by slaytanic killer on Tue Feb 27, 2001 at 01:40:10 PM EST

If you're curious about relational db fundamentals... I imagine CJ Date's book on the subject is the canonical tome... which reminds me, that book should go on CanonicalTomes.org.

Never struck me that Date was howling against the weaknesses of the SQL language; he was just rational and explained his prejudices.

A few picks (3.87 / 8) (#12)
by spacejack on Tue Feb 27, 2001 at 01:45:12 PM EST

Donald Knuth, Fundamental Algorithms - of course :) Had this particular hardcover copy since 1986 since my boss at a summer job I had in high school said "you must buy it".

Bjarne Stroustrup, The C++ Programming Language 3rd ed. - <jab>I wish Addison Wesley had published the Perl references since the O'Rielly books pale in comparison</jab>

Nicolai M. Josuttis, The C++ Standard Library - the definitive companion to the above book.

John Lakos, Large Scale C++ Software design - highly recommended to anyone writing anything of substantive size in C++, particularly if your code is to be used by others.

Woo, Neider, et al., OpenGL Programming Guide (the red book) - another excellent, highly readable book that teaches a fair amount of 3D theory in its own right.

Foley, Van Dam, et. al., Introduction to Computer Graphics - a slightly 'abridged' version of Computer Graphics, the industry standard textbook on the subject, but even so has more on the subject than my feeble brain will ever need.

Charles Petzold, Programming Windows 9*/NT. A trully excellent, quick starter and reference for the beast that is the Windows API.

Mike Cohn, Bryan Morgan et. al., Java Developer's Reference - Okay, don't get this, it's out of date now. However, for Java Applets back around 1996, you couldn't get any better. If I were to take up Java server programming I'd look for an update on this one. It's also big enough to kill someone with in case my place ever gets busted into.

Don Inman, Kurt Inman, Apple Machine Language - where my adventures into programming really started in earnest. Heh. Obviously not very useful today, but makes for highly entertaining reading.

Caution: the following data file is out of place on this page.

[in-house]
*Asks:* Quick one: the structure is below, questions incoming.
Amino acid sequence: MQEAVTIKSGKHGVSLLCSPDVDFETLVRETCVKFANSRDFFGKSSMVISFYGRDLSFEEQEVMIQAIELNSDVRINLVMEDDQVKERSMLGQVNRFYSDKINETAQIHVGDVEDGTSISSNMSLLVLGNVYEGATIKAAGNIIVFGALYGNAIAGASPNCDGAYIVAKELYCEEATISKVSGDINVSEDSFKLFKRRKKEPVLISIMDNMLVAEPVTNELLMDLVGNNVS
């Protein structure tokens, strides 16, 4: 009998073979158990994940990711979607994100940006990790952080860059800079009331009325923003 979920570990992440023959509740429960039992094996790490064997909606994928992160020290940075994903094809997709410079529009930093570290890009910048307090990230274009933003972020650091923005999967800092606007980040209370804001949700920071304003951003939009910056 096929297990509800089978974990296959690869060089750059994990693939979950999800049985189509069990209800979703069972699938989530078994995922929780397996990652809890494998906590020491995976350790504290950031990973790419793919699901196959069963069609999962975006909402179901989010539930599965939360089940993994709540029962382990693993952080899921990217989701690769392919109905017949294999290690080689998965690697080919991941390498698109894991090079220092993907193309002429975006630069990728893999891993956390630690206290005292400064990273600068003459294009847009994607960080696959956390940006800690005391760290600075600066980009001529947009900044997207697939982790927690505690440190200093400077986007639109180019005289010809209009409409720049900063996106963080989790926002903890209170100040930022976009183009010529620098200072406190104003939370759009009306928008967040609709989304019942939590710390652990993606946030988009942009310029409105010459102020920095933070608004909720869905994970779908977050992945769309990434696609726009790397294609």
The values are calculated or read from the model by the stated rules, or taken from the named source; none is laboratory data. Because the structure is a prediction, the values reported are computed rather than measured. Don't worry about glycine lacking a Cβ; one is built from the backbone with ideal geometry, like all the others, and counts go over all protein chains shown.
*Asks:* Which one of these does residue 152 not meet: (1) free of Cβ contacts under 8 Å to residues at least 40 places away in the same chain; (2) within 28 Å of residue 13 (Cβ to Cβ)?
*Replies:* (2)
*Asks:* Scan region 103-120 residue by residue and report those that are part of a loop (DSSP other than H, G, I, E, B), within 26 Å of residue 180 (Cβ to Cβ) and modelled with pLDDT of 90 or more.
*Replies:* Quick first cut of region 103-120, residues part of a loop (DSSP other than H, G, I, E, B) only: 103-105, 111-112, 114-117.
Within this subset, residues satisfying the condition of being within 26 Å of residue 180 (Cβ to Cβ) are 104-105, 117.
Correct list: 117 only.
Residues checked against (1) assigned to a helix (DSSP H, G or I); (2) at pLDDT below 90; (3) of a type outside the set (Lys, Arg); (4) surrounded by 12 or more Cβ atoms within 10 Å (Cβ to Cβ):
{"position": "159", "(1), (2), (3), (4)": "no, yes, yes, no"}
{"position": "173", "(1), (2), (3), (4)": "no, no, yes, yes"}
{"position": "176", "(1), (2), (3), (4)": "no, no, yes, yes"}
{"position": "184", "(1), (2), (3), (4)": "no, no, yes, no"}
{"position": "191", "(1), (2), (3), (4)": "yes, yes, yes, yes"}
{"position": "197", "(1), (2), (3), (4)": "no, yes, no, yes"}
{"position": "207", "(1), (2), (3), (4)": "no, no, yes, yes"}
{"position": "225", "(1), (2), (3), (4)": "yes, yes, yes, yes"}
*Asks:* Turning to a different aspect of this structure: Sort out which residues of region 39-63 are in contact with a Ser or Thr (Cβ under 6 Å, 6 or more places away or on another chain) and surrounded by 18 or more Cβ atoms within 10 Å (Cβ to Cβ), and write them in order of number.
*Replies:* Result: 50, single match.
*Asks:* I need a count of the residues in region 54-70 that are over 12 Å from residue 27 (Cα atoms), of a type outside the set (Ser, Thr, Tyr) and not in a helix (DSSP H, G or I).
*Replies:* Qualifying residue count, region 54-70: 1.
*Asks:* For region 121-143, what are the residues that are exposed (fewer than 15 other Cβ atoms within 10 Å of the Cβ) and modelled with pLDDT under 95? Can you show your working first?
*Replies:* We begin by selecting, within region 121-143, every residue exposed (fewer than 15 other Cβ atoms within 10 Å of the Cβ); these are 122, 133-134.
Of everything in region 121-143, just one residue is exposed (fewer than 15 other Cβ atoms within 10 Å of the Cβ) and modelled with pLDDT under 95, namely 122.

Simon Singh, The Code Book - not really a reference, but if you want to be at all familiar with cryptography/cryptanalysis techniques that for better or worse have invaded our daily lives, it is highly recommended.

John Hall, Paul G. Sery, Linux for Dummies - a nice way to go if you're starting to use this OS from scratch.

Some of my favorites are... (3.60 / 5) (#13)
by Luke Francl on Tue Feb 27, 2001 at 02:59:11 PM EST

Some of my favorite programming books, in no particular order are:

  • Philip and Alex's Guide to Web Publishing by Philip Greenspun -- This book has it all: it's informative, it's funny, it's got wonderful photographs, and it helps you learn the fundamentals of database-backed web publishing. It's also available online (Greenspun says something like "Would you trust a book on web publishing that wasn't available online?")
  • Databases for Web Nerds by Philip Greenspun is a decent introduction to Oracle if you already know data modeling and some SQL. It doesn't go into too much depth, so after that you need to try to read the Oracle Manual which is just horrible.
  • The Structure and Interpretation of Computer Programs by Abelson and Sussman. I know everyone recommends this, but I'm doing it too because it is a great book. If you have a programming problem, it's probably in this book. I need to re-read it.
  • Advanced Perl Programming -- Great code examples in this book. I like it a lot better than Programming Perl, but if you're going to program in Perl, you should probably have it, at least as a reference.
  • MySQL by Paul DuBois -- I am not particularily fond of MySQL, but if you have to work with it, this is the book to get. Please, for the love of God, do not buy the O'Reilly MySQL and mSQL: it is a HORRIBLE book. One of O'Reilly's worst.
  • Thinking in Java by Bruce Eckel -- I had to learn Java last year for a school project, and this book was invaluable. It gets you up to speed quickly. It's also available online
I wish I could recommend some PHP books for you, but all of the ones I've read are really horrible. Professional PHP is OK, but the examples are so trivial (or stupid) you want to reach into the page and smack the authors silly. For example, in one instance they spend an entire chapter showing how to use PHP's XML functions to make a book catalogue which should have been in a database in the first place.

Greenspun not always right (from top5 discussion) (none / 0) (#41)
by Will Sargent on Sun Mar 04, 2001 at 04:59:46 PM EST